Iraqi troops on Thursday drove Islamic State militants from three more neighborhoods in the northern city of Mosul, a commander said, as a bomb south of Baghdad killed at least 21 people, including 10 Iranian pilgrims.
Brig. Gen. Haider Fadhil of the special forces told The Associated Press that his men have retaken the neighborhoods of Amn, Qahira and Green Apartments and were expanding their foothold in the densely populated district of Zohour.
The neighborhoods are all east of the Tigris River, where most of the fighting has taken place since the government’s campaign to liberate the city began last month. A U.S.-led coalition is carrying out airstrikes to support the troops.
Hospital and police officials said the bombing, at a gas station near the town of Hilla, wounded another 32 people. They said it appeared to have targeted a bus carrying Iranian pilgrims heading home after taking part in a major Shiite religious observance in the holy city of Karbala. The officials spoke on condition of anonymity because they were not authorized to brief reporters.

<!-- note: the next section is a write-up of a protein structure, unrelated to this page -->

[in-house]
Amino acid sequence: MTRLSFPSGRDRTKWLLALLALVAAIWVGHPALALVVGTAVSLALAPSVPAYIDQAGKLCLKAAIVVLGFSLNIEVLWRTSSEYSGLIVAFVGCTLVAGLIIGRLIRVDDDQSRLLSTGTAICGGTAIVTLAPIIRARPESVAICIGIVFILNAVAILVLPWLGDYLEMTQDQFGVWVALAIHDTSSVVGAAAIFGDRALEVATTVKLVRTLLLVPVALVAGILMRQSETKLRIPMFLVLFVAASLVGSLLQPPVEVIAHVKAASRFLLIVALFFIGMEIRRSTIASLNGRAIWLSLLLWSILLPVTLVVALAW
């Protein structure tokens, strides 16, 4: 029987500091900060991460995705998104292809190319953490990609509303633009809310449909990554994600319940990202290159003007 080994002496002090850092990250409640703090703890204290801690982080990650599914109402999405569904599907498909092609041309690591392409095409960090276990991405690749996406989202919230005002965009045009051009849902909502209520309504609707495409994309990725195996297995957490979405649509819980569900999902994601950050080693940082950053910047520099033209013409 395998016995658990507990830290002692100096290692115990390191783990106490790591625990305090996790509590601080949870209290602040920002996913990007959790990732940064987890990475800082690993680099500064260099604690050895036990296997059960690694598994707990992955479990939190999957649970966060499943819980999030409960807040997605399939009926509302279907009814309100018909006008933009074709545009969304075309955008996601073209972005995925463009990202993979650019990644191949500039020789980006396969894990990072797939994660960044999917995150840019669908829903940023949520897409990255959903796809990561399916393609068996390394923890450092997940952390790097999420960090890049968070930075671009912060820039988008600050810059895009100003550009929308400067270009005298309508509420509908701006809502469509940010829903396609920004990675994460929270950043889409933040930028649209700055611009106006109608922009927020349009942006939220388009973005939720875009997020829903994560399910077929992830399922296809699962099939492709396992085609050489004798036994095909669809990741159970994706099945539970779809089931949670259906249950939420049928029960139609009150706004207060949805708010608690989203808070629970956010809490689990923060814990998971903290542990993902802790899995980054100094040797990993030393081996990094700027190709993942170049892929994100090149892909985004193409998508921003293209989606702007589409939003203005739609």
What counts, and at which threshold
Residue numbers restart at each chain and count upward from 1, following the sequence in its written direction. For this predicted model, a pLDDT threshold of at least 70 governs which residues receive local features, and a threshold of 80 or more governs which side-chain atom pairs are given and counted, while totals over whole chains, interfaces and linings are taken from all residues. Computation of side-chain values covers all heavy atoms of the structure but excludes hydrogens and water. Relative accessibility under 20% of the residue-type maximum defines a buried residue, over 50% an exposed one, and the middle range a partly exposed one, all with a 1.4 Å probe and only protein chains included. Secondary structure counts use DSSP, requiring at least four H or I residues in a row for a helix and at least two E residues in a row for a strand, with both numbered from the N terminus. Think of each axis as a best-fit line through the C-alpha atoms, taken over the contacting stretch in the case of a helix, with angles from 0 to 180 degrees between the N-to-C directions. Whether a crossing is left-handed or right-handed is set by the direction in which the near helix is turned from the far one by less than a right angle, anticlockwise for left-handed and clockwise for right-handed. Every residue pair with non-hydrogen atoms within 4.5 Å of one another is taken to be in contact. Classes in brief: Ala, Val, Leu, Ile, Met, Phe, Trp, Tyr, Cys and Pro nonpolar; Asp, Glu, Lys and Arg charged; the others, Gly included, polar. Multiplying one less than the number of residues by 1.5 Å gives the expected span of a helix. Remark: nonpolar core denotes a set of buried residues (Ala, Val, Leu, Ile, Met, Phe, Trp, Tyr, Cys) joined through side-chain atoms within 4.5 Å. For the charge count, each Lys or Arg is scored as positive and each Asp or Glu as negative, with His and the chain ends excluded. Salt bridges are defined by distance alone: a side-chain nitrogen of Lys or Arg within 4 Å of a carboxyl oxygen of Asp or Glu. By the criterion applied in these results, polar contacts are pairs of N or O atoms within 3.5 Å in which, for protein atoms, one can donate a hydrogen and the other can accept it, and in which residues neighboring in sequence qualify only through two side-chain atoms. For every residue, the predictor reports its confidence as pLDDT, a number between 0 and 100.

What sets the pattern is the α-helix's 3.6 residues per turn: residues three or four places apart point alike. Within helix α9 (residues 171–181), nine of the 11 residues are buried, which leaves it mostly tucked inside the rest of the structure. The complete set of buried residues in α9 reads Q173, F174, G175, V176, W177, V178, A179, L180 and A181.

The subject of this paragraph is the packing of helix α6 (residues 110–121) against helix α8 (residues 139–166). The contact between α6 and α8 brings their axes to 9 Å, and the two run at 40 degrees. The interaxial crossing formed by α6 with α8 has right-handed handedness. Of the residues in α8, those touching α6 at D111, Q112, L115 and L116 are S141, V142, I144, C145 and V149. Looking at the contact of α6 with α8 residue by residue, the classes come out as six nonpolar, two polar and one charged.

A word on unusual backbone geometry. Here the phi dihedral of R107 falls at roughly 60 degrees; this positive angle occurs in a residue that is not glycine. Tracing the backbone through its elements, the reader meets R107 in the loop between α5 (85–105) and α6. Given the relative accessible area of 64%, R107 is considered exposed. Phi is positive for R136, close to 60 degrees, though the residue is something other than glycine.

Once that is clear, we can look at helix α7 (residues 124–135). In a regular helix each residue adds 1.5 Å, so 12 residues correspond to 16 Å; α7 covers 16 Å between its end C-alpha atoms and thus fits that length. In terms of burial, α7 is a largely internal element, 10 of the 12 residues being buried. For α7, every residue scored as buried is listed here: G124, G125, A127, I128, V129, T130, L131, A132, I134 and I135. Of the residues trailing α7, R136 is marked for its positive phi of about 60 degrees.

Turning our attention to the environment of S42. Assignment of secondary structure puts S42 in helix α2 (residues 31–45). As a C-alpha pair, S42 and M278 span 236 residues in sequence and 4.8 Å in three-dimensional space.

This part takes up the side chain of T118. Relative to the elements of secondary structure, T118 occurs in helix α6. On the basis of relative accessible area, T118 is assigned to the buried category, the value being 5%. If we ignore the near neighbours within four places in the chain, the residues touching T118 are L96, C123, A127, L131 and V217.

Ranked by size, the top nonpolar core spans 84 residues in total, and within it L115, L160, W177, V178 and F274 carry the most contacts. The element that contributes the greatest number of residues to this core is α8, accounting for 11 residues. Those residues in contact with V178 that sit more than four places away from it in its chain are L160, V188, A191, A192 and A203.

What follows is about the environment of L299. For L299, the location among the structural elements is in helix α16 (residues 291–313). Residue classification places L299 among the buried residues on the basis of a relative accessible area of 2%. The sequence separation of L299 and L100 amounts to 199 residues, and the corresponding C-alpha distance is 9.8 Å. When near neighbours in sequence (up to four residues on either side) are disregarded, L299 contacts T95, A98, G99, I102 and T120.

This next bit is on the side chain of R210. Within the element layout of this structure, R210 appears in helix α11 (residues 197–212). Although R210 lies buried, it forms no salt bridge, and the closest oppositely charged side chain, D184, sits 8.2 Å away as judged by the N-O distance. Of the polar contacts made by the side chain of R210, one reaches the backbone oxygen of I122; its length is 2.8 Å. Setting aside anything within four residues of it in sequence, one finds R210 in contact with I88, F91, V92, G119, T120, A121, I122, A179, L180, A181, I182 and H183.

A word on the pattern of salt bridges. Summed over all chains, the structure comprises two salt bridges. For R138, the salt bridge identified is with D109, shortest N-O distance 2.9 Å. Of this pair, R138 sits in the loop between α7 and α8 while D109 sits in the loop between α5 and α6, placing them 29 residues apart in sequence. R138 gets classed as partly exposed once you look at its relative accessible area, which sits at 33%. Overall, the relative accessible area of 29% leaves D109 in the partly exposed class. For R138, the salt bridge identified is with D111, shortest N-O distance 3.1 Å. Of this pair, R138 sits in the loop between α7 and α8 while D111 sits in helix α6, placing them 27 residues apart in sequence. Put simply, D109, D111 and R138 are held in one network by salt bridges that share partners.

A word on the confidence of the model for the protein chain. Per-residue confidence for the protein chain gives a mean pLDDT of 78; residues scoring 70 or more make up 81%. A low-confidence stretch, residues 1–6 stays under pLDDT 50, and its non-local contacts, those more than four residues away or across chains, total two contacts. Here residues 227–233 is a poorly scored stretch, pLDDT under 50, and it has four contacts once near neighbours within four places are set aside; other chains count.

There was no immediate claim of responsibility, but the attack bore the hallmarks of the Islamic State group, which often targets Iraq’s Shiite majority. The Sunni extremists have continued to stage attacks across the country despite the heavy fighting in Mosul, which fell to IS in the summer of 2014.
Prime Minister Haider al-Abadi meanwhile flew to an airstrip outside the town of Tal Afar, to the west of Mosul, on a previously unannounced visit on Thursday, according to footage aired by the state-owned Iraqiya television network. The airstrip was seized from IS by state-sanctioned Shiite militiamen earlier this week.